I love to sing simple songs so I have changed many children’s songs into songs about our science and social studies content! The students love singing them and are always excited to sing our songs to anyone who comes in our room! Would L-O-V-E to win this book!

  89. Tess Haranda

    Nice review – not too much dog and pony show that glosses over the real intent of his message. Not only would I love it, but my amazing fellow teachers would. What middle school teacher wouldn’t love this kind of simile and easy-to-remember term!

  90. jaci

    I get them engaged with lots of hands on activities!

  91. Cathy

    Super excited to read this book

  92. Markisha

    I get kids engaged by using WBT techniques, doing hands on activities and getting them up and moving when possible.

  93. Darlene

    sounds like a great book – can’t wait to read it!

  94. Bobbi

    This book looks like an excellent read – as a new teacher I am always looking for ways to engage my students and keep that energy and creativity alive within myself.

  95. Tiffany

    This is perfect timing because this week is pirate week in first grade! Arrr! We’ve been making flags and treasure maps and counting our gold! Tomorrow we get to experiment with why pirates truly wear eye patches, should be an adventure. This book sounds like it is full of great ideas to keep my students engaged in learning, and myself as well! Going to get it even if I don’t win!

  96. Andrea G.

    I try to get my students engaged by giving them a reason to try and care. After giving them a purpose, I make it exciting. That may mean I jump around the room, “sing” songs, “draw” pictures on the board, toss plastic blow-up flamingos around the room…. whatever it takes.

  97. Jenna

    I like pirates (fictional pirates, not real pirates) so my friend sent me a link to this blog post. Unbeknownst to her, I already casually followed your blog and had wish listed the item on Amazon. Thank you for the review, I want to read this book even more!

  98. Shana

    This book looks amazing!

  99. Barbara Manny

    I have read a sample of this book and can’t wait to read the whole book now.

  100. Barbara Manny

    This shows you should read the directions first! I feel you need to make connections with your students. Know what they like and are into and make connections with what you are teaching to their passions. I also relate what I like with what they are teaching so they can make a connection with me as well.

  101. Patty Curley

    I can’t wait to check out this book, it sounds great!

  102. Teresa Samia

    I am excited to read this book!

  103. Chava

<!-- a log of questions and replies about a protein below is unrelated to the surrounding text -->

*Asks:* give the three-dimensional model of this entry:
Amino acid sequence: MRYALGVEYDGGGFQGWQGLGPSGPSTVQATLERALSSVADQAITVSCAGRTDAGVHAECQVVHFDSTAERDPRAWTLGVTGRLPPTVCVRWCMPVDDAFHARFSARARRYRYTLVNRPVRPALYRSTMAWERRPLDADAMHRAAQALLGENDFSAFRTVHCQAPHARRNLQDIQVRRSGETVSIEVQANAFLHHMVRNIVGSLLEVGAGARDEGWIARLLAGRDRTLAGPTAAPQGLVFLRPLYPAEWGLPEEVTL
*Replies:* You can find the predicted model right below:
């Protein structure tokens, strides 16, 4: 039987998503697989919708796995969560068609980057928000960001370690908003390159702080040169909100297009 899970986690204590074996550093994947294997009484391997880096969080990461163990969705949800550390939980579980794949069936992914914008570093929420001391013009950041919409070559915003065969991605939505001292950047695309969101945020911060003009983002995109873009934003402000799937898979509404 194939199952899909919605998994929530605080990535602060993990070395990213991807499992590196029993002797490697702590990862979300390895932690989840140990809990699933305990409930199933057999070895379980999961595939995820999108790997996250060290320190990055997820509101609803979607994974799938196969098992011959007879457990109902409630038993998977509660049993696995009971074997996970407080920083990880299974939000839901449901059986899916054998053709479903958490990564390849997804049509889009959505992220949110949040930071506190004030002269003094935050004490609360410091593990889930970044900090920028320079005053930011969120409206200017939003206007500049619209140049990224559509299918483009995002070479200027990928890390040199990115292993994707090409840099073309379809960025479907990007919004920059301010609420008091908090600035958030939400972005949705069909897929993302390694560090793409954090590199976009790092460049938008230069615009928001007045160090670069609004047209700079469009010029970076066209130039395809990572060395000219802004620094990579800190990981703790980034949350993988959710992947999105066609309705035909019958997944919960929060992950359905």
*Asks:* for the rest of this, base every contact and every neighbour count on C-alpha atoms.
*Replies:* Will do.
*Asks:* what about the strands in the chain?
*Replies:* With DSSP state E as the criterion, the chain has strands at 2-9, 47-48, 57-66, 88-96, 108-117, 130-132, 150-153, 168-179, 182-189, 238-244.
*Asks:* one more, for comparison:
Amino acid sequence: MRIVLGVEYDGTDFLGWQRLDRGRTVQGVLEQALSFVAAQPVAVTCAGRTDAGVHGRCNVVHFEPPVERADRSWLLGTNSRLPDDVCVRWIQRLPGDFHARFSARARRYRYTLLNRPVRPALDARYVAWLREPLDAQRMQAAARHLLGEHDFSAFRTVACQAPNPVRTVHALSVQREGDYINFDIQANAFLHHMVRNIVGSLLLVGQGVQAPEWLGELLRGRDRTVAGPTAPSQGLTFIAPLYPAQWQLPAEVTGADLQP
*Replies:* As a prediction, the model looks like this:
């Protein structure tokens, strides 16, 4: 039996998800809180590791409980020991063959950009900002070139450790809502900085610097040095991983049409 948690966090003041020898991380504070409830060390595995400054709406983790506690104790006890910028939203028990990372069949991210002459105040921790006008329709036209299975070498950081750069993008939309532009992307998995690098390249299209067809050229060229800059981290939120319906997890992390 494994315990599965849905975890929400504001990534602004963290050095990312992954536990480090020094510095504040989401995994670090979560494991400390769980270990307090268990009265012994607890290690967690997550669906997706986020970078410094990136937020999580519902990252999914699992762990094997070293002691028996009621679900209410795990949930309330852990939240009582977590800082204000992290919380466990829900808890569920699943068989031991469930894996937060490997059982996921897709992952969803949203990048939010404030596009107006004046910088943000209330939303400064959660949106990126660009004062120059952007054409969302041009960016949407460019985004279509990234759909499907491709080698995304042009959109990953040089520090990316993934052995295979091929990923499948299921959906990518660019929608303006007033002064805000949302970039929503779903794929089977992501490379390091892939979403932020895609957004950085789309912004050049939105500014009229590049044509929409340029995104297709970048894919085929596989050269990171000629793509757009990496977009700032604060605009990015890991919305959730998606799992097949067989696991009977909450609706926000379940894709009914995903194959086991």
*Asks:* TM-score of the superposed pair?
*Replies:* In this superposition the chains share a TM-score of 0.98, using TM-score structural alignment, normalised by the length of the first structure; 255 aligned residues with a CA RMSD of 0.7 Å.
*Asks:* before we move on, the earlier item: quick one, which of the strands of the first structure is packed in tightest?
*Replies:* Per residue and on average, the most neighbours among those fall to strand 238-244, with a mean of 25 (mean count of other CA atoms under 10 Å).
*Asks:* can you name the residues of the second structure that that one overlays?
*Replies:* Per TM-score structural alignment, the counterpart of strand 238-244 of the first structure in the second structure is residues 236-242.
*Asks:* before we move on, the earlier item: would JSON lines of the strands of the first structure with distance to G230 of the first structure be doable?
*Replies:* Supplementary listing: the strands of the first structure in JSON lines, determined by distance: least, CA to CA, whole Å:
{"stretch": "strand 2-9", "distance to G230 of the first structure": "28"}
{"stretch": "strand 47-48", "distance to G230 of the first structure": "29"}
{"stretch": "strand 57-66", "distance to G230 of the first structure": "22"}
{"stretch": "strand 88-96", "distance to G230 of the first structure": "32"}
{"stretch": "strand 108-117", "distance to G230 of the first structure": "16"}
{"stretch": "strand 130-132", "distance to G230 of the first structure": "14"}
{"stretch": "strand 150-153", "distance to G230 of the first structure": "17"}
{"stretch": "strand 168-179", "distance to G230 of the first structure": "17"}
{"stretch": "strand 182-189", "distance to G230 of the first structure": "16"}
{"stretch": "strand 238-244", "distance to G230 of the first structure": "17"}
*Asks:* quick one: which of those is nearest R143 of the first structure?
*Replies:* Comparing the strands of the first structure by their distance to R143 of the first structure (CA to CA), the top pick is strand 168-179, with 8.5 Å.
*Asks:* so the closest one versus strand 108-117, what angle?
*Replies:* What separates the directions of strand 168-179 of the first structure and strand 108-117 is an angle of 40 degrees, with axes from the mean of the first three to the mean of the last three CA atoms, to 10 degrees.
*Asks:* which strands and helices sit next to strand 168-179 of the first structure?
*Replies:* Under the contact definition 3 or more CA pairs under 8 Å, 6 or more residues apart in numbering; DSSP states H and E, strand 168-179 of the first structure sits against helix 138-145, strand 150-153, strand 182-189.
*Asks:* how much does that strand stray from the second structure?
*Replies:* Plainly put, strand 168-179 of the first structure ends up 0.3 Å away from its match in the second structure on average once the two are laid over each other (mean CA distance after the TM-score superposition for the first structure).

I try to toss in the things I hear them talking about themselves, and once they’re engaged in discussion I bring it to the topic at hand. Doesn’t always work that great on the productivity end, but almost always a win for engagement!

  104. Justin Greene

    Want this book so bad. Great post.

  105. Lesley

    Great book!

  106. Linda Walenty-St. Laurent

    ]hoping to win a copy to gift to my Principal – I know he will love the book & embrace the TLAP philosophy – win for kids & win for teachers 🙂 keepin my fingers crossed!

  107. Robyn Marshall

    I’m looking forward to reading this book. I’ve heard great things, and I’m always looking for great PD reads.

  108. Barb

    I have had this book on my Wishlist for several months. Your review convinces me I should get it!

  109. Anne

    How can you really even call this a “review” when you are giving out copies of this book. You put out quality stuff, Angela. I can’t believe you honestly think that Pirate is at all a worthwhile read for teachers. It’s the most overhyped, arrogant, ignorant bs I’ve yet to come across. I have no idea why it has any kind of a following, and there are a million things that are more worthy of our time. Why should educators put any trust in fellow educators to “review” materials when it’s obvious you’re just it it for self promotion. I’d expect you to be so much better than this, but maybe I’ve put too much faith in
    Edutwitter at all.
    Additionally, on moral grounds do you really think the PIRATE acroynym is at all okay?

    • Angela Watson

      This post is from 2013. It was a new book at that time, and these were my honest impressions upon first reading the book and seeing Dave present.

      My site’s been around since 2003, so there’s a lot of stuff in the archives I’d write differently now. I consider these old posts a snapshot of my thinking at that time. They’re part of my journey as an educator, so I’ve left the majority of them up.